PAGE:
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Metal as fundamentalism and conformity

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You guys often write comments that are better than my actual posts, so I’m going to start featuring some of them here. That’s a threat, not a promise. Just kidding – I’ll ask your permission before I do so. “Austino” agreed to let me repost his comment in response to Mike Scalzi’s last column, Is there possible accounting for taste? In that column, Scalzi wondered what the deal is with extreme metal. Austino responds below. – C.L.

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While there are a handful of “extreme” metal bands that really are putting out progressive, original music, most are merely painting by numbers with no more sincerity or originality than the millions of pop punk bands that sprung up in the ’90s in the wake of Green Day and Offspring, or hair metal bands that exploded (and then imploded) in the ’80s.

The reality is that most genres exist because a very few bands did something original and interesting (those two things don’t necessarily go hand in hand) and then a hundred followed, copying merely the style and stagnating the scene. Most “black” or “death” metal bands have more in common with a secretary who dresses up like a slutty nurse on Halloween than they do with the pioneering groups they seek to so flawlessly emulate. They put on the clothes, they play the same riffs with the same tone, and get some guy to scream over the records (in a low voice for Death and a high voice for Black – that’s really ground-breaking) and, really, it’s just like putting on a costume.

The truth is that a great many people get into metal for the same reason that a great many jocks get into Creed. The desire to fit in is almost the same as the desire to not fit in. And extreme metal gives the listener the comfort, and an ego boost, in knowing that “others don’t ‘get’ this, I’m more extreme than those jocks who beat me up because I listen to Gothol’s Tomb and dress like Count Grishnakh” (never mind he was having a laugh). This is why so many fans turn on extreme bands whenever they earn even the slightest modicum of success. Suddenly they lose that exclusivity.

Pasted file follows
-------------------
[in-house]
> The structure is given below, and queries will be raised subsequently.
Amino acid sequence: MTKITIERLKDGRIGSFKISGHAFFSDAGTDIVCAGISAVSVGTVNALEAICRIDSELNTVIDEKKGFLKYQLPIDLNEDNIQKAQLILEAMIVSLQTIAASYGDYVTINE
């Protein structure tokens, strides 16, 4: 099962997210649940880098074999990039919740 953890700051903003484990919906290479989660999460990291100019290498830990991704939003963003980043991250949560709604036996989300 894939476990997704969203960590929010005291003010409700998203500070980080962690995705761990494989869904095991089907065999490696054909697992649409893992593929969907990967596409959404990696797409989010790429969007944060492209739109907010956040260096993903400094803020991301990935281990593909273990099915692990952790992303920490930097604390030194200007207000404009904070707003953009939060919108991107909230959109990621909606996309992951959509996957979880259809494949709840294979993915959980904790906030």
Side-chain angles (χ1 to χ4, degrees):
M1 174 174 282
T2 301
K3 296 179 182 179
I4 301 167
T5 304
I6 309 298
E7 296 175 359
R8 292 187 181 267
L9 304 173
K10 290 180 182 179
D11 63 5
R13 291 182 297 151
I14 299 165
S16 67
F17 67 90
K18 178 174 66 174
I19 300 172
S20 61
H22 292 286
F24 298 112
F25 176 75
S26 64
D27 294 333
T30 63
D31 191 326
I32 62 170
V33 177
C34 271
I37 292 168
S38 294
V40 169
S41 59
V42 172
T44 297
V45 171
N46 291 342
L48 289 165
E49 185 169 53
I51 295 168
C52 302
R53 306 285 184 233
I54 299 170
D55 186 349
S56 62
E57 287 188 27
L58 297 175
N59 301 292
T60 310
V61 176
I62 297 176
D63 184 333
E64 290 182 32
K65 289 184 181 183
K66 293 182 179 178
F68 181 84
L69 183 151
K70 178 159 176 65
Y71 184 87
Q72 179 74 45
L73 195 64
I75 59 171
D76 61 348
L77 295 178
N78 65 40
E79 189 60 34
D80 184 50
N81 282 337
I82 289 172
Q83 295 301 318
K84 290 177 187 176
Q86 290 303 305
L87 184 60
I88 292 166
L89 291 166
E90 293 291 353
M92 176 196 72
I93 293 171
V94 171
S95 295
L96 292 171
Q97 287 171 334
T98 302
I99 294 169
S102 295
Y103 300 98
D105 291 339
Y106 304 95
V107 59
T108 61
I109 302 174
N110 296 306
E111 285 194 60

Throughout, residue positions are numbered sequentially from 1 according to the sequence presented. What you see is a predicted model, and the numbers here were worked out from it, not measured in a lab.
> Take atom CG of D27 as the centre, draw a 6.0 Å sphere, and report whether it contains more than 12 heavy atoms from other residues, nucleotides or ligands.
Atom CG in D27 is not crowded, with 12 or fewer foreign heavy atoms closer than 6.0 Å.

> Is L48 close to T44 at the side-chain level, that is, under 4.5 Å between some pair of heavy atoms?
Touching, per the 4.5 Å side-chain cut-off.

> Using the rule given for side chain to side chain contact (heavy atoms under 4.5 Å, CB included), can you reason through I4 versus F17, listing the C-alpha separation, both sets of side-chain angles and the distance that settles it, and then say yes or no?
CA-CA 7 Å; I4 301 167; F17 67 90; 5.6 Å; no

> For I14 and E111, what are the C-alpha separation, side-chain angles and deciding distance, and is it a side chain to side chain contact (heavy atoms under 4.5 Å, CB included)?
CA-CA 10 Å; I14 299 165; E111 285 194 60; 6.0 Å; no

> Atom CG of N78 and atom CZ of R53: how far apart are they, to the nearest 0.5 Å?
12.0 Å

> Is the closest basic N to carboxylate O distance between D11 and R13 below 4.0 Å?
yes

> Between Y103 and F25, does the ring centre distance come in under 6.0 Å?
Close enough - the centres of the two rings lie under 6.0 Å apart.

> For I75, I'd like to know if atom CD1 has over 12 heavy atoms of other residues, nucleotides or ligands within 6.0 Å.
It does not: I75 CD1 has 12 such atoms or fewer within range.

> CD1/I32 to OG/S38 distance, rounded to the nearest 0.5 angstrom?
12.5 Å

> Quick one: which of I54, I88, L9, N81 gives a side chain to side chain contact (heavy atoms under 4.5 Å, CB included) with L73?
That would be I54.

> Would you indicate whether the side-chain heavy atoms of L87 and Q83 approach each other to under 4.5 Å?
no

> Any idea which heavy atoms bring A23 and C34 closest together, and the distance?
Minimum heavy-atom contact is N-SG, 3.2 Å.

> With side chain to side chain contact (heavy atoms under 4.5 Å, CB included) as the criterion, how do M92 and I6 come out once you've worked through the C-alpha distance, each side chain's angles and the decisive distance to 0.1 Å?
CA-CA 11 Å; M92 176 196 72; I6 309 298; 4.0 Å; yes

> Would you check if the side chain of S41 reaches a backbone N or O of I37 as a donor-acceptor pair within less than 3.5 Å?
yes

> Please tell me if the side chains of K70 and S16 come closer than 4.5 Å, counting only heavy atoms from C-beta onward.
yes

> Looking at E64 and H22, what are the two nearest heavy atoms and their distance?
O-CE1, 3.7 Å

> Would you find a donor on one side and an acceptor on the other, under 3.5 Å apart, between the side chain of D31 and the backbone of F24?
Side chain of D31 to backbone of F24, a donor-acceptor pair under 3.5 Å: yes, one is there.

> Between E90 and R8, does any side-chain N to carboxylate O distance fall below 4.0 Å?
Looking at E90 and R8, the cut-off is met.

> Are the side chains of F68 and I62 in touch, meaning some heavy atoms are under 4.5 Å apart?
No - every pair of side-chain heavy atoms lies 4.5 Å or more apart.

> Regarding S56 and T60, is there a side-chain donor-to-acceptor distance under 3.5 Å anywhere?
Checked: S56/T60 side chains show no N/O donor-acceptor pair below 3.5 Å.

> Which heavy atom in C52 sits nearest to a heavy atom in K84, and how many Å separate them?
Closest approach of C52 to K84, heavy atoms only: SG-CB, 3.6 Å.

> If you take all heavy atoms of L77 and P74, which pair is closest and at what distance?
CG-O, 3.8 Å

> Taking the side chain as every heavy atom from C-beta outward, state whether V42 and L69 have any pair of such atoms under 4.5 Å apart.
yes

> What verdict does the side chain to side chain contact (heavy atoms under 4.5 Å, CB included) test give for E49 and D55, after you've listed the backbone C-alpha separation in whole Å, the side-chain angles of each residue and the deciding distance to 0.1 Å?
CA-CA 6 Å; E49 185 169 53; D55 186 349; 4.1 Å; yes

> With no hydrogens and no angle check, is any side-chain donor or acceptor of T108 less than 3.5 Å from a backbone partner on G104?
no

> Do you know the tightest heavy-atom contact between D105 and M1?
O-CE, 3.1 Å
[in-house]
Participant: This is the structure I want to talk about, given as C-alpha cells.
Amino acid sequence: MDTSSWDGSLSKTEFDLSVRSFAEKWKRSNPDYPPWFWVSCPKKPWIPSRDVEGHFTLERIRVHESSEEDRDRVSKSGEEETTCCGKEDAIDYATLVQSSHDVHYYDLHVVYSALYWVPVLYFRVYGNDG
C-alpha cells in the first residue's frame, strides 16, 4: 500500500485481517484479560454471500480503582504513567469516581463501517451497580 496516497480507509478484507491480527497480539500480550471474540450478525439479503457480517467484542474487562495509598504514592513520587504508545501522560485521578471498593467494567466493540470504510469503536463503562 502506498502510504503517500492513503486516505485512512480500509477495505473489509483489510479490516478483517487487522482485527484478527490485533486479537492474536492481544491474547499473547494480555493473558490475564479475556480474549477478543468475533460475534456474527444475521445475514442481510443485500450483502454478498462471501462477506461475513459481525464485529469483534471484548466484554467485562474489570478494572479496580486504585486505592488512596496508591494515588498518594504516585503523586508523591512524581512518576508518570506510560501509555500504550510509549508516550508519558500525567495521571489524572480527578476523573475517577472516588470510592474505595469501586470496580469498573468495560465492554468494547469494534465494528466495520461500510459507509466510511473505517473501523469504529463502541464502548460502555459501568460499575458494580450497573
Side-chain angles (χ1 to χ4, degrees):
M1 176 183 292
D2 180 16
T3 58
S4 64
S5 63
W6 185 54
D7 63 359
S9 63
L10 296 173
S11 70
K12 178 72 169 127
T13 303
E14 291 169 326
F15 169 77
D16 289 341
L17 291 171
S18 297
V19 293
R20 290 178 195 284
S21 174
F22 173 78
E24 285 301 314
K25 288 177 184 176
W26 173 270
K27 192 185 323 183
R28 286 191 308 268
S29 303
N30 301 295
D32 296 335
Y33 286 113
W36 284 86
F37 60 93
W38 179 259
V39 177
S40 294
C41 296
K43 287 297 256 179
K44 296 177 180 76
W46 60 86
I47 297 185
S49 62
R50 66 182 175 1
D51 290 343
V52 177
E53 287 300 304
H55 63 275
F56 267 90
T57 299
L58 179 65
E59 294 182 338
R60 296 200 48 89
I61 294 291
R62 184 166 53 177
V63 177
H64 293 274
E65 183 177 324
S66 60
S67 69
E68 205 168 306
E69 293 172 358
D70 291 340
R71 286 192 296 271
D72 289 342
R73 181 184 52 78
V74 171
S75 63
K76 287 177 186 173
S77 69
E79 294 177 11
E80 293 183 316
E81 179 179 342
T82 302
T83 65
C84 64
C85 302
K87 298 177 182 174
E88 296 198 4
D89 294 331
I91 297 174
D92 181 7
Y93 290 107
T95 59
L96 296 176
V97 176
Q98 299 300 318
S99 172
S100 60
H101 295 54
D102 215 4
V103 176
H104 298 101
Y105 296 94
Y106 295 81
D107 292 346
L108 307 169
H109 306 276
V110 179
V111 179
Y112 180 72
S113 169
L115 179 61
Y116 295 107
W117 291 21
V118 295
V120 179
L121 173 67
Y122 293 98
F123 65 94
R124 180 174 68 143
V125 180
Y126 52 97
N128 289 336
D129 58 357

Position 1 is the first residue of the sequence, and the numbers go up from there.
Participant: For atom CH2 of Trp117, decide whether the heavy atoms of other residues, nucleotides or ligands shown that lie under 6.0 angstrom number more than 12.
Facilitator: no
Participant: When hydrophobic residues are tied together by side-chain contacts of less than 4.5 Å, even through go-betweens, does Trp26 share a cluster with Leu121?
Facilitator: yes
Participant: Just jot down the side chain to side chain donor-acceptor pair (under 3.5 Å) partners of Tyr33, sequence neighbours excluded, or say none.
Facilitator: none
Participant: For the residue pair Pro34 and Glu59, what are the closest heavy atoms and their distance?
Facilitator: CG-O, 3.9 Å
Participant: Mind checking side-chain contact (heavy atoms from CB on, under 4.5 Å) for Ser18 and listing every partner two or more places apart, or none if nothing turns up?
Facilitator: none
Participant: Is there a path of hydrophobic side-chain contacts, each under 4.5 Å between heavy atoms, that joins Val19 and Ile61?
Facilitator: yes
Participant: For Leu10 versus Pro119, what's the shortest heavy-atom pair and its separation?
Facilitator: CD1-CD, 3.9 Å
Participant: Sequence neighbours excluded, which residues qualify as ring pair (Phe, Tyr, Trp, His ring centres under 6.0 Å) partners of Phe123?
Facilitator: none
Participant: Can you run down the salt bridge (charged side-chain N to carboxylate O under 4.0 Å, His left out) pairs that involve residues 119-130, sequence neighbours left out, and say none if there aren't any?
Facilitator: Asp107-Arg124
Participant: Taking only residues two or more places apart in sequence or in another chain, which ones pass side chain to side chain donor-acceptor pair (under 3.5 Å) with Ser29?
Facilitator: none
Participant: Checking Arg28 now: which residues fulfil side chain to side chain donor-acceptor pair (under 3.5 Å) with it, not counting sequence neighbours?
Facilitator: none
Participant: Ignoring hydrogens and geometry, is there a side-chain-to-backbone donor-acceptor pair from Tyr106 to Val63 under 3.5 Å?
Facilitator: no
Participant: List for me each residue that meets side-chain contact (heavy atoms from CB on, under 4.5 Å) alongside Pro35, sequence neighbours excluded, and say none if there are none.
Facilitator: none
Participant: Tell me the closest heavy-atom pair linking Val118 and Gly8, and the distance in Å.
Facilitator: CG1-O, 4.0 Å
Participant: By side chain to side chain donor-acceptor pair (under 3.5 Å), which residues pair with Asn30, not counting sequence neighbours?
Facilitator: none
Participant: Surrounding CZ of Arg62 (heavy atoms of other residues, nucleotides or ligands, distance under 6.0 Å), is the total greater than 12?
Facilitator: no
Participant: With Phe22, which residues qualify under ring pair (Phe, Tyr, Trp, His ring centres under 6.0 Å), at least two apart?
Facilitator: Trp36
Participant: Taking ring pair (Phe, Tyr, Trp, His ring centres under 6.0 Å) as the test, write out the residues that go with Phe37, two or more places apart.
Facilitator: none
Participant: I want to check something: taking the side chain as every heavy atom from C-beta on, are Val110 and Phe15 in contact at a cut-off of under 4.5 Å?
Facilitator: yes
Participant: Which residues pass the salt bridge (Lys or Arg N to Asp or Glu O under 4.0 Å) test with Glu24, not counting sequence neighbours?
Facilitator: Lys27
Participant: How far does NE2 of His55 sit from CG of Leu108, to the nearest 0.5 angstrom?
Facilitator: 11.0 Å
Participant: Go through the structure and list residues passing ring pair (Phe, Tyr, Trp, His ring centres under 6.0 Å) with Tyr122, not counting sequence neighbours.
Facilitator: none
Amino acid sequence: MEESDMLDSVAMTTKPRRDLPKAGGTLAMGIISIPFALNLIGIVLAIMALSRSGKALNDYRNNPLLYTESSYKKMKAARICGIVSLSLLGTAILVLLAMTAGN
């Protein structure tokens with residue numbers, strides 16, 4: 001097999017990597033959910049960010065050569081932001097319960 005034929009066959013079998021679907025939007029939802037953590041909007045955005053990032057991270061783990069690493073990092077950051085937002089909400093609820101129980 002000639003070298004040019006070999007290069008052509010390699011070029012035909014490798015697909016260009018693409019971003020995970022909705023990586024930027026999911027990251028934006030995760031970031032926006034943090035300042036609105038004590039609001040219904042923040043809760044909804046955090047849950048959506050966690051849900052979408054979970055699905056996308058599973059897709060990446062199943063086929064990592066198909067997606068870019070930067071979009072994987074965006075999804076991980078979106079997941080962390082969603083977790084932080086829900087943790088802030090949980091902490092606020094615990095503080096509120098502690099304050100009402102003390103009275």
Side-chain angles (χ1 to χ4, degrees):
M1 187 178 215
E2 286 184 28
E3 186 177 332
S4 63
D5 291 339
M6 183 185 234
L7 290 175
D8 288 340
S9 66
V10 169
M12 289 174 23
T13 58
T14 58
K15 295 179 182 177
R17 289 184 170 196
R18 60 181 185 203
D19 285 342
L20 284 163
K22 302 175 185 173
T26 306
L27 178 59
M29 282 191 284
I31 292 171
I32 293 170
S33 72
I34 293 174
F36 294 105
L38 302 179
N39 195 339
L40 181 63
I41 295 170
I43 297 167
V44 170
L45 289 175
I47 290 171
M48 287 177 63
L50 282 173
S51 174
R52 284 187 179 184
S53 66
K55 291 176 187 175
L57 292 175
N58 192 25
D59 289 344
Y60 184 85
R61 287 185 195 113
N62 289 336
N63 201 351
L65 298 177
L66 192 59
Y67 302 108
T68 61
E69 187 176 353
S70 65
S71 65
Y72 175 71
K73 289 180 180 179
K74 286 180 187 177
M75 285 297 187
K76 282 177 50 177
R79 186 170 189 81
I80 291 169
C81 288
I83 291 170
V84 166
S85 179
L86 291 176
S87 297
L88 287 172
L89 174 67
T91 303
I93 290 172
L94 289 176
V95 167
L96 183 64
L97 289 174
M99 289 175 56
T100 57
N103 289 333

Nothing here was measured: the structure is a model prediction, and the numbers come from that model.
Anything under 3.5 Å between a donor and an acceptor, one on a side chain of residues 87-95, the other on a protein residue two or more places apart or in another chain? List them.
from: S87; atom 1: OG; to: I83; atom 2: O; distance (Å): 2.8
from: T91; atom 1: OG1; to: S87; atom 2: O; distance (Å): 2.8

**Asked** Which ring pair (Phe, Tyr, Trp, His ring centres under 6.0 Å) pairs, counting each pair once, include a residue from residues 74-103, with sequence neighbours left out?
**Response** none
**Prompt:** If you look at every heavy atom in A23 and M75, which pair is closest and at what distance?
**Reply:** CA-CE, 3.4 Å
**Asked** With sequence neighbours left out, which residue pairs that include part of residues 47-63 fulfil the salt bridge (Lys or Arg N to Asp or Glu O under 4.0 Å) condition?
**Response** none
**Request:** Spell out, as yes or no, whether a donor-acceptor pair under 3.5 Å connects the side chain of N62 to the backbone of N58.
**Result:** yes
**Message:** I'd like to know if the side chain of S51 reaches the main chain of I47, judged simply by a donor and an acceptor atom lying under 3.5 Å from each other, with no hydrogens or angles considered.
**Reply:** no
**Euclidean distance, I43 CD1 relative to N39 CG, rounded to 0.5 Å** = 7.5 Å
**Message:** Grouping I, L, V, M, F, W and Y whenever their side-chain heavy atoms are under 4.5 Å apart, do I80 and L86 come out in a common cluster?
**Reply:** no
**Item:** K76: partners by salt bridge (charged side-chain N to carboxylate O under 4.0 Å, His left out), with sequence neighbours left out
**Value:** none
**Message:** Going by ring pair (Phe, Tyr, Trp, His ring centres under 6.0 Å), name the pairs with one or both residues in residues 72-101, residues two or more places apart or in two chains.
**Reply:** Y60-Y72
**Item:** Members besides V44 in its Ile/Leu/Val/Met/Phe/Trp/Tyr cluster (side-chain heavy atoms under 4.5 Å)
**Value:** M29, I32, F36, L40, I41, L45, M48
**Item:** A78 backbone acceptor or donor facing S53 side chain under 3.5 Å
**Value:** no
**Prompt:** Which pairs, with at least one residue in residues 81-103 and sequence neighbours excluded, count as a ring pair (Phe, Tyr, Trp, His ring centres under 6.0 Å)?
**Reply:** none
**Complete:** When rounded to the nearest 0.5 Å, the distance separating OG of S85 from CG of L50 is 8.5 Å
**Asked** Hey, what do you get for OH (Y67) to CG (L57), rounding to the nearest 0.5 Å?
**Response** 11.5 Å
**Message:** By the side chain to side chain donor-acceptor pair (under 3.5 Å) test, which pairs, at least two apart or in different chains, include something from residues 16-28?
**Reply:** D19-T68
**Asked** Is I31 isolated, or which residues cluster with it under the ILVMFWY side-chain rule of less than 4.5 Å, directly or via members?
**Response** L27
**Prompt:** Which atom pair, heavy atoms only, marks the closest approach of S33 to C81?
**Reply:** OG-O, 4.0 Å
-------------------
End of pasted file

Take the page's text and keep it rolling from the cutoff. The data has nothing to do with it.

How many times have you heard someone crucify Cradle of Filth and call them sellouts, describe them as too commercial or berate their fans as trend followers? And how many of those same people have “The Trooper” as their ringtone? Somehow Cradle of Filth is a pop band and Iron Maiden retain their metal cred when objectively, Dani Filth’s vocals make Bruce Dickinson’s sound like Mariah Carey’s. If Maiden came on the speakers at my gym, nobody would bat an eye – however, if somehow “Her Ghost in the Fog” got through, you can bet people would actually stop working out and go to the front desk and complain. Isn’t that extreme?

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Cradle of Filth – “Her Ghost in the Fog”

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Now I’m not saying COF is a good band, or Maiden for that matter. I’m leaving the subjective out of this for right now. Objectively, the reason COF get stick from many fans is because a lot of people like them, and that is the antithesis of what many people who get into metal are looking for. They want something that no one likes, that they feel is their own, so that they can say “I get this and you don’t, and therefore I’m better than you.” For most humans, everything is driven by insecurity. And the same attitudes many extreme metal fans harbor have just as much in common with fundamentalist Christians or any other sect seeking something out to make them feel better than everyone else. The very idea that you are superior to someone because of some band you listen to is 1) absurd, 2) sound evidence you’re an imbecile, and most importantly 3) exactly the same sentiment behind sexism or racism.